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Commentary

Sonders: Bull Market Can Keep Chugging Along

It might be a bumpy ride, but with the Fed poised for a slow increase in rates and valuations not radically out of line, U.S. stocks can keep moving higher.

Liz Ann Sonders, chief investment strategist at Charles Schwab, kicked off the 2016 Morningstar ETF Conference laying out her case for why she thinks the U.S. bull market can keep chugging along.

Fed Ready to Raise
Sonders thinks the Fed is poised to raise rates this year, even if the latest jobs numbers and ISM data means that September is becoming less likely. She pointed to a few factors behind the Fed's eagerness to continue to tighten again. One is that inflation is beginning to pick up somewhat, particularly in the core CPI index which includes a larger weight toward housing.

Second, the market as a whole is underestimating the level of wage growth because it isn't adjusting for the fact that many of the new jobs are lower-wage positions and that is dragging down the overall numbers. Sonders suggested that if you look at the Atlanta Fed's wage tracker to find numbers that try are adjusted for the changing workforce you'll see more pressure which could lead to more inflation.

Even if there is an increase this year, the path of increases is likely to remain quite slow given how sluggish the recovery in the U.S. has been. But sluggishness does not lead Sonders to worry about an imminent recession. She doesn't see the expansion of dying of old age. Just because we haven't had a recession in a while doesn't mean we are due for one now. There needs to be a buildup of excesses across the economy, and we just haven't seen that happen. Consumers continue to prefer saving versus spending, and there hasn't been excess business investment.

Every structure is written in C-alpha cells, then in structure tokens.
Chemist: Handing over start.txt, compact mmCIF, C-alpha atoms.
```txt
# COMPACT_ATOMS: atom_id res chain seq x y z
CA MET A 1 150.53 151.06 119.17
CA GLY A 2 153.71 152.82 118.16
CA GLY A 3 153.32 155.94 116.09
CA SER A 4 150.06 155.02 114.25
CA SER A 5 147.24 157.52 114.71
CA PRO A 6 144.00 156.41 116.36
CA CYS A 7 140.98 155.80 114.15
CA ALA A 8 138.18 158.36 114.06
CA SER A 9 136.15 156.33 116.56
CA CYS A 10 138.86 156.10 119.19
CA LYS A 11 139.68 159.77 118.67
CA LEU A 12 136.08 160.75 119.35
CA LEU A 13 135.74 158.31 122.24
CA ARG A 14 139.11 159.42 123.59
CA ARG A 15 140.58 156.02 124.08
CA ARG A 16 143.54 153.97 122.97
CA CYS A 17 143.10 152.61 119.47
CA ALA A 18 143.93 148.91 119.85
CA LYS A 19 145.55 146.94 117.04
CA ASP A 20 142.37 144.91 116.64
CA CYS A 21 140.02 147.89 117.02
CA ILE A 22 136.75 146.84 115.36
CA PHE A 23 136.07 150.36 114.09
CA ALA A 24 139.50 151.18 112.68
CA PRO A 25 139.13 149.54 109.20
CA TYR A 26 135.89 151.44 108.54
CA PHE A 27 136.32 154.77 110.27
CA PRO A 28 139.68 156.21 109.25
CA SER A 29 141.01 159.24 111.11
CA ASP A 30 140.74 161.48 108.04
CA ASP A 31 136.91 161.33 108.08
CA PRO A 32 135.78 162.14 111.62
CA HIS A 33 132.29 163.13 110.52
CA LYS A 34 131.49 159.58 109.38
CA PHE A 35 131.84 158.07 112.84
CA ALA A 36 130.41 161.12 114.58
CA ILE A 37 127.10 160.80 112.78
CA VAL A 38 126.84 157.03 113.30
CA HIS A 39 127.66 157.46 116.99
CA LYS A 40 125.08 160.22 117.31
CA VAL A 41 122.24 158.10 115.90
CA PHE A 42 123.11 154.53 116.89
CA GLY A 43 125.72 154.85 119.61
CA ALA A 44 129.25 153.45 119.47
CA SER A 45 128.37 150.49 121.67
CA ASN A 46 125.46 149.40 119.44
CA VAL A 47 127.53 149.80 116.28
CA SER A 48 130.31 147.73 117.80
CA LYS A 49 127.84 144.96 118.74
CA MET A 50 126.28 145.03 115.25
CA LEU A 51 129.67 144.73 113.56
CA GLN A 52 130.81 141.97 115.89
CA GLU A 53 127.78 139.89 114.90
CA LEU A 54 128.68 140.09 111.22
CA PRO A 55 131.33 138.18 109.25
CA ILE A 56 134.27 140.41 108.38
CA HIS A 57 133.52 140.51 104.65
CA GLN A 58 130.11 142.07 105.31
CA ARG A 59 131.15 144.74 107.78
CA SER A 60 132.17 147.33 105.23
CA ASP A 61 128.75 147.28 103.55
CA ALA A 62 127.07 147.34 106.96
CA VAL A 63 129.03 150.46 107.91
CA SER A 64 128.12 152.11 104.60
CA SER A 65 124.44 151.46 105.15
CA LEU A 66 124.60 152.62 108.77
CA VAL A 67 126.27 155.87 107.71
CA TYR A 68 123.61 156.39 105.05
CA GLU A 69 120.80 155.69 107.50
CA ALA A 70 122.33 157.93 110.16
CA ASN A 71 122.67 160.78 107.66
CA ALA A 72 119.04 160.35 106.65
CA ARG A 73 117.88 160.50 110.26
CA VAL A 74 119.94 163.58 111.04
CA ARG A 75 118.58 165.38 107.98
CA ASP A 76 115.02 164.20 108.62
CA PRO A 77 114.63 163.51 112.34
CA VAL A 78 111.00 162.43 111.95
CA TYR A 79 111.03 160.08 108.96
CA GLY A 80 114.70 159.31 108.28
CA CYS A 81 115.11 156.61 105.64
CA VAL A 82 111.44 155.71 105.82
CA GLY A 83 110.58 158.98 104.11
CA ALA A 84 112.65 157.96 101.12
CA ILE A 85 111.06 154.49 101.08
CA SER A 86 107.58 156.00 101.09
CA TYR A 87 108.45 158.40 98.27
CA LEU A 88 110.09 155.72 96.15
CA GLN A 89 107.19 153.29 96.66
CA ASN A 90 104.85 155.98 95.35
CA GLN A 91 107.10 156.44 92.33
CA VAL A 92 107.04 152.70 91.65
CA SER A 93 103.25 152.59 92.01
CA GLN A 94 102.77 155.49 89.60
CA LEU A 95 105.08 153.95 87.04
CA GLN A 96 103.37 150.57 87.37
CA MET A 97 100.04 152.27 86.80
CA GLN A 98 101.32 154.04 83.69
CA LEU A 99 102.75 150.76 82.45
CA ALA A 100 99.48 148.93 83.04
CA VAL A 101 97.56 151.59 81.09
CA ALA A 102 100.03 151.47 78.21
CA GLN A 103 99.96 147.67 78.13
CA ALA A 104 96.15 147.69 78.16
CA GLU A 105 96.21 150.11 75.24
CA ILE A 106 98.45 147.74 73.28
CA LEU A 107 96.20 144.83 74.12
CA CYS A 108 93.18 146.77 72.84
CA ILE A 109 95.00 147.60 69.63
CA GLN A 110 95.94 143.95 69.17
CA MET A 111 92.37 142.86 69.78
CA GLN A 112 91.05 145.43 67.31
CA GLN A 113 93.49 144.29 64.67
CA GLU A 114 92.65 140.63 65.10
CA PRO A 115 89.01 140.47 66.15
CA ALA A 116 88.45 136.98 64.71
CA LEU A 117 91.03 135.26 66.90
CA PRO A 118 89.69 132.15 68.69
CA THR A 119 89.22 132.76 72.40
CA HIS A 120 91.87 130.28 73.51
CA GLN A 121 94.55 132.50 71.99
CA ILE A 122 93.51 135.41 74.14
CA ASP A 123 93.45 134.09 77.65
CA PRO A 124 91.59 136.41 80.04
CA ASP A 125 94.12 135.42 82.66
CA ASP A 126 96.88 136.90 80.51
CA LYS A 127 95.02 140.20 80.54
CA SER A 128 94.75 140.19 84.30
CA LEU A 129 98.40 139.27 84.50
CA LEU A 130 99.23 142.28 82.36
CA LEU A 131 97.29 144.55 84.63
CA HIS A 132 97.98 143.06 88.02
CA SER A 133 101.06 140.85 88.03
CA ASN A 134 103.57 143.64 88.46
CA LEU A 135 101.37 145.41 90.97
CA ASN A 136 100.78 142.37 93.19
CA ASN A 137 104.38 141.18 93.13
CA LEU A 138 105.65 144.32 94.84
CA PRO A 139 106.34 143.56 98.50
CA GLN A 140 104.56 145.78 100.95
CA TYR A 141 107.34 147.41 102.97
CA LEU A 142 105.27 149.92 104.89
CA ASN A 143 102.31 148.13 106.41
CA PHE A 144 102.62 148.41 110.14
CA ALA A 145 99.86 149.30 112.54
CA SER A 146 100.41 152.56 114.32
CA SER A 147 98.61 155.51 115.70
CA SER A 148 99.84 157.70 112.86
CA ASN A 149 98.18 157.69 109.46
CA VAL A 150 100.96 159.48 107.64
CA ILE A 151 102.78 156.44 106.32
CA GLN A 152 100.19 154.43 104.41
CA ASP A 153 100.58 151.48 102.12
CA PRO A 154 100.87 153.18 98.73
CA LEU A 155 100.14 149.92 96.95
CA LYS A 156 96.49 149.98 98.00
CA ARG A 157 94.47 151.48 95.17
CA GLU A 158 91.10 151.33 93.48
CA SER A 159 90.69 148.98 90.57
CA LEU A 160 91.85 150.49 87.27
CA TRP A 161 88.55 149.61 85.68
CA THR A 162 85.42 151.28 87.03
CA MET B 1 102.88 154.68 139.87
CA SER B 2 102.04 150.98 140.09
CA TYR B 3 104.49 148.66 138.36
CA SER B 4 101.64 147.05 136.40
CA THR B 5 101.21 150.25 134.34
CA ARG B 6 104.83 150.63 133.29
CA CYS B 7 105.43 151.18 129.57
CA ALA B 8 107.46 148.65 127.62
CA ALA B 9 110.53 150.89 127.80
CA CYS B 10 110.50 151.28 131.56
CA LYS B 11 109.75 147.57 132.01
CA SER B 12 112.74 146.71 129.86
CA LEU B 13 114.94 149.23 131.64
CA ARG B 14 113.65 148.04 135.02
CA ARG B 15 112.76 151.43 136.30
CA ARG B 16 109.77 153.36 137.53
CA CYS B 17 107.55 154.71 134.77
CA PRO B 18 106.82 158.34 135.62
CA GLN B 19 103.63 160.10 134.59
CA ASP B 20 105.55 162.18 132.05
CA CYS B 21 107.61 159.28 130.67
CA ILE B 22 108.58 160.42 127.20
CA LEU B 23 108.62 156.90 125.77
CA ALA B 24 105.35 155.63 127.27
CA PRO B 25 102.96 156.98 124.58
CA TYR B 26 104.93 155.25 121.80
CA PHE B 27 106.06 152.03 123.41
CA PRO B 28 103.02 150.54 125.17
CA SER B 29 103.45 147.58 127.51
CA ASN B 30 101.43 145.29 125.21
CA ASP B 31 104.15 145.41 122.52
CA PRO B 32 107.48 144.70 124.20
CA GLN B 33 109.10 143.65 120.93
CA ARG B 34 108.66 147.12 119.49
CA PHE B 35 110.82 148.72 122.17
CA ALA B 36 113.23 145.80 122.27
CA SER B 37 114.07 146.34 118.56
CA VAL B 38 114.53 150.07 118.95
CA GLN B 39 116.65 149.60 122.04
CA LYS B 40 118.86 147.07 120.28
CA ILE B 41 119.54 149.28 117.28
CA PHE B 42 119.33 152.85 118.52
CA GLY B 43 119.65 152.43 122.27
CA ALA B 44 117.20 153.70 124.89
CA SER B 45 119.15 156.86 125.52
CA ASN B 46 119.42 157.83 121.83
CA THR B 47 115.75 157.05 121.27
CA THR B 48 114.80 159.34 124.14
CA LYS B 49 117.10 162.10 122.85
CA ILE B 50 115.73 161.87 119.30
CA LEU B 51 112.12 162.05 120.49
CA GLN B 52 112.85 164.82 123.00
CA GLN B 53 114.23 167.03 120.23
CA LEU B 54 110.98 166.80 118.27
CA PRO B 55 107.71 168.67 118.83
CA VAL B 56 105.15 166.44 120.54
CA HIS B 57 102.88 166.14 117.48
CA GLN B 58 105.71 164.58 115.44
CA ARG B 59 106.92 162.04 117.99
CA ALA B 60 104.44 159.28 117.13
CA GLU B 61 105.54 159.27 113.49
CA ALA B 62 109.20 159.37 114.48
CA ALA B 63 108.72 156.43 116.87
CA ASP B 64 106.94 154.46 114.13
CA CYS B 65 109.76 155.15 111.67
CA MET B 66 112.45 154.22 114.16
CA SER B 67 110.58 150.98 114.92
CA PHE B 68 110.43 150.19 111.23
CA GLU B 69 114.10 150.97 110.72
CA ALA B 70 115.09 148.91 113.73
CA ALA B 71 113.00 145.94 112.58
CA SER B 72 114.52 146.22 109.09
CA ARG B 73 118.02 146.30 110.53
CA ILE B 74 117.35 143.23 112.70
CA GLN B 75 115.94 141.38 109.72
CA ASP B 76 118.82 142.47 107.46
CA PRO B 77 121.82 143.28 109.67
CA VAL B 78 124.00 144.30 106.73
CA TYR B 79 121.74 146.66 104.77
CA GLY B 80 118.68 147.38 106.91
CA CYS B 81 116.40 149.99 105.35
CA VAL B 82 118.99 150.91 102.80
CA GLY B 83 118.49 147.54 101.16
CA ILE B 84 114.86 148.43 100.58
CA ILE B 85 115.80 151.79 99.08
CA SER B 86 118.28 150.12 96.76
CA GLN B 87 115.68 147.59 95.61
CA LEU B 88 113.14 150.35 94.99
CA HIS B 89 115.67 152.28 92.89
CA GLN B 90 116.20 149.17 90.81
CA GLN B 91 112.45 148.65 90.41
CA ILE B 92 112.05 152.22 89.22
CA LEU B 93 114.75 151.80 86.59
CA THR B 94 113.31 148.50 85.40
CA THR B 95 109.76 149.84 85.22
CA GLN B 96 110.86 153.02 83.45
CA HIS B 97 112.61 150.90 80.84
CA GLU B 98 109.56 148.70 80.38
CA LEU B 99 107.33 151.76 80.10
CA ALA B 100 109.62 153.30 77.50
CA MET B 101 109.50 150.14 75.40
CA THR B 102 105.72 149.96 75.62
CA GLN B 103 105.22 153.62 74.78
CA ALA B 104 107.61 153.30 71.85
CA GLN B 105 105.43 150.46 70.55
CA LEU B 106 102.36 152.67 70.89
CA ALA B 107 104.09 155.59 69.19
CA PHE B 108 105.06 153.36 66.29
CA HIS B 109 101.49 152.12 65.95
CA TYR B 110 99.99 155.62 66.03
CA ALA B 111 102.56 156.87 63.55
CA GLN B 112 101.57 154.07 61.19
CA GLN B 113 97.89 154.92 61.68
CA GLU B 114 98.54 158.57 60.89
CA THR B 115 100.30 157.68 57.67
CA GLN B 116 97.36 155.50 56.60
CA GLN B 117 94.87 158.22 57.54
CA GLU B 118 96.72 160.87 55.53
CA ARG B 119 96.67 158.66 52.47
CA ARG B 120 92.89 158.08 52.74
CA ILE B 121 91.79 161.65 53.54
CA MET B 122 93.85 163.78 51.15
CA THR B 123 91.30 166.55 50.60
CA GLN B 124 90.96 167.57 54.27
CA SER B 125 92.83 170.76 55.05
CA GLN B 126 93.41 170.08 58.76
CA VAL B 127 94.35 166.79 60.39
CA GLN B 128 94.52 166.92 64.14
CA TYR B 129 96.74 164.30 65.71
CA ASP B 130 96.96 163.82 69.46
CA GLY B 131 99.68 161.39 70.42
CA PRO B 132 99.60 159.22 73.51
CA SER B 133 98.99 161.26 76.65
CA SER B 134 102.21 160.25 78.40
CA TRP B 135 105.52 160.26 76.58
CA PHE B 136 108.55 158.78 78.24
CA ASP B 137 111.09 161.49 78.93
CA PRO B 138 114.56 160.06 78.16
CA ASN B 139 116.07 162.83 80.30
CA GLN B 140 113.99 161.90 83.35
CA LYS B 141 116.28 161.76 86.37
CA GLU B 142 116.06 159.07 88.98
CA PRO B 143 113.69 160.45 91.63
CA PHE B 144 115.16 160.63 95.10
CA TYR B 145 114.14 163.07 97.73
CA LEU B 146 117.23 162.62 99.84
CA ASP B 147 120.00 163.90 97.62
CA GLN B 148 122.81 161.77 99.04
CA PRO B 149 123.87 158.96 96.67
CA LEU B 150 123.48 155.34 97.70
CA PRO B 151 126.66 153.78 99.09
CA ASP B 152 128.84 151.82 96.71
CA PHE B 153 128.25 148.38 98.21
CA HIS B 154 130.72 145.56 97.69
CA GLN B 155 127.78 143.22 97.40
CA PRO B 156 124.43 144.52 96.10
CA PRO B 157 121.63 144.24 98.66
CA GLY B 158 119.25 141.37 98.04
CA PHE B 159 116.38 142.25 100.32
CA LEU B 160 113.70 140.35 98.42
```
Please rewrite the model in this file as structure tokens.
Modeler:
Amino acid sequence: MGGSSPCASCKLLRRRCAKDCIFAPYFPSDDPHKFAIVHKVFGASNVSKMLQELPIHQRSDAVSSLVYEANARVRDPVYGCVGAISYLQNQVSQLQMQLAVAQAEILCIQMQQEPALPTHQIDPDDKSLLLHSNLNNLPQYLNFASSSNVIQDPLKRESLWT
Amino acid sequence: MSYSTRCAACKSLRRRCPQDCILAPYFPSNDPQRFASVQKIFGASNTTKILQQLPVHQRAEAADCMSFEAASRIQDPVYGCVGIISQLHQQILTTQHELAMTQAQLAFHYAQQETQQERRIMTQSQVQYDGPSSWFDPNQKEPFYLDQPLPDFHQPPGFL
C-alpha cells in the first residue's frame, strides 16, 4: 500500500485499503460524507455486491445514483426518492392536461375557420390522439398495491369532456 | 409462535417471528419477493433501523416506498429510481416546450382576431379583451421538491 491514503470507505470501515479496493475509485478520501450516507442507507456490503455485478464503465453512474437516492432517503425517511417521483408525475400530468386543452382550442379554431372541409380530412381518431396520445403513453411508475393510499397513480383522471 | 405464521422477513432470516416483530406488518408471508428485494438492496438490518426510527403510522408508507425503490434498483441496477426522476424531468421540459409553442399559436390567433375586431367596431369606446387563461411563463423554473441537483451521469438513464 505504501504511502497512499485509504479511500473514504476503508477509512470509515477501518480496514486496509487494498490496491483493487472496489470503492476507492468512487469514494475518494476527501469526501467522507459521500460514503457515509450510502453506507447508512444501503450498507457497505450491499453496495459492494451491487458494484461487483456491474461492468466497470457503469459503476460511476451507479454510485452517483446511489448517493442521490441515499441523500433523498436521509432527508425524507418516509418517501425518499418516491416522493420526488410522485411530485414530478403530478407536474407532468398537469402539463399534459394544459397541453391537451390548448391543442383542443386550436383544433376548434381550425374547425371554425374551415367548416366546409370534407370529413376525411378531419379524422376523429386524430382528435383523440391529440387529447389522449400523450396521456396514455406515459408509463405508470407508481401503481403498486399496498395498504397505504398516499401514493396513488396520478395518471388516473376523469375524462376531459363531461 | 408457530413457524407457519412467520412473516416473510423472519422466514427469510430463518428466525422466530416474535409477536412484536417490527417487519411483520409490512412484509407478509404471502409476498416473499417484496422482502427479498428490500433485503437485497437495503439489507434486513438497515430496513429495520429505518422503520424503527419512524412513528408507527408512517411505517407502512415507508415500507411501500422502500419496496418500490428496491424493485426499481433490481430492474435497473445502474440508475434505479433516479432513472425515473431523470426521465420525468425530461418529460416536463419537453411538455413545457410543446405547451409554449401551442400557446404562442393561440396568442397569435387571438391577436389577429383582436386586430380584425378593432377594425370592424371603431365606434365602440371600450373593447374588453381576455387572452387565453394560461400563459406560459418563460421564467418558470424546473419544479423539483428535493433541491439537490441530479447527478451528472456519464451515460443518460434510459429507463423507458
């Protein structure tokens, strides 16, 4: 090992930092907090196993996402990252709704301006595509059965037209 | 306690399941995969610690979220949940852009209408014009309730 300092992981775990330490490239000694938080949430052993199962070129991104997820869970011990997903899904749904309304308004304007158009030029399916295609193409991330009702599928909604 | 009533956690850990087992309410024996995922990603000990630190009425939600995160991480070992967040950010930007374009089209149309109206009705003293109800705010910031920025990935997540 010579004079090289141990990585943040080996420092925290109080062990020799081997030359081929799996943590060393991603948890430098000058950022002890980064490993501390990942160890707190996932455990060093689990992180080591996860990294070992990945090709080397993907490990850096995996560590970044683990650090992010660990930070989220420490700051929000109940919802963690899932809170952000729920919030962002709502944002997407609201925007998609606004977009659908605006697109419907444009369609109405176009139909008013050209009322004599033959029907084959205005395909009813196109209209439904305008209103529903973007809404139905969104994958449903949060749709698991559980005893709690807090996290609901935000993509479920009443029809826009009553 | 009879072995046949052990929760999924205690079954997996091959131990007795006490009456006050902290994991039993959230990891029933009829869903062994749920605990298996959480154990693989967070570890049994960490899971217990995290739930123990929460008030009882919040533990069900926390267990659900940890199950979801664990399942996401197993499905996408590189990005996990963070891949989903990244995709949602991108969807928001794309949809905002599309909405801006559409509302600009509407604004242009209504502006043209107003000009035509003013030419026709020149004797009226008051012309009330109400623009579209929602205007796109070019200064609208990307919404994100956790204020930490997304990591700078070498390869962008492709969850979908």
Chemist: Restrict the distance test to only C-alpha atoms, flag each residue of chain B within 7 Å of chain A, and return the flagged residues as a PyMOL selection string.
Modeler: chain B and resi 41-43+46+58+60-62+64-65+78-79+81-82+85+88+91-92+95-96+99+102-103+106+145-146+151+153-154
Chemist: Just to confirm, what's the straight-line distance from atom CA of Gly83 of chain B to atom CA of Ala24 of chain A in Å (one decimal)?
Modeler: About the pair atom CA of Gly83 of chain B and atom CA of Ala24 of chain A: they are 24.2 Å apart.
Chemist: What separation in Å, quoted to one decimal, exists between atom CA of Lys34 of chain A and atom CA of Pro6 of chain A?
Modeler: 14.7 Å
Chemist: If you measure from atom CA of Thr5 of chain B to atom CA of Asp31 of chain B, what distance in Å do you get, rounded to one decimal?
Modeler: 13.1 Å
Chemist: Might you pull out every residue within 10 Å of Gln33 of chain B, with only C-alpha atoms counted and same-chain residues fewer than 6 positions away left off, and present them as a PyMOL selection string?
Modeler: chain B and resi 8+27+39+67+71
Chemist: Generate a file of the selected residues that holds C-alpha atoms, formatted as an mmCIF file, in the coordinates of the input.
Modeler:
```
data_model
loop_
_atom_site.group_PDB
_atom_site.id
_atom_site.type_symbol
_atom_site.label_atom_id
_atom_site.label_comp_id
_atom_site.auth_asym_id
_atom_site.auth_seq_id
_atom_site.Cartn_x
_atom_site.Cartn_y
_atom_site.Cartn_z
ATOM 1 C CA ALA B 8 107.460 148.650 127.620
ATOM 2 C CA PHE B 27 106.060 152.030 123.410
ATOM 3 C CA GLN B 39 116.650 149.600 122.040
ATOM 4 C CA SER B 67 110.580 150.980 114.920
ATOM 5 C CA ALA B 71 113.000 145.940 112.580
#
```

Valuations Not Out of Line
What does this mean for stocks? Sonders doesn't think valuations look particularly stretched or particularly attractive at the moment. Looking across a number of metrics some show the S&P 500 as being quite undervalued and some quite overvalued, but many mainstream ones like forward P/E are only slightly stretched. Generally speaking, metrics that take inflation or low rates into account look more reasonable than those that don’t. And slightly higher than normal valuations generally don't mark the end of the bull market as valuations usually way overshoot average before coming back down to earth and we haven't seen that yet.

Earnings should also provide support to the market. Sonders thinks we've seen the trough though as oil prices have stabilized and the dollar has stopped rising against global currencies. She doesn't see earnings growing quickly due to labor costs but the year-over-year declines should be mostly behind us.

All in, her advice is to stick to your asset allocation to U.S. stocks and then use any volatility driven by things like the election or the Fed to try and pick up some bargains.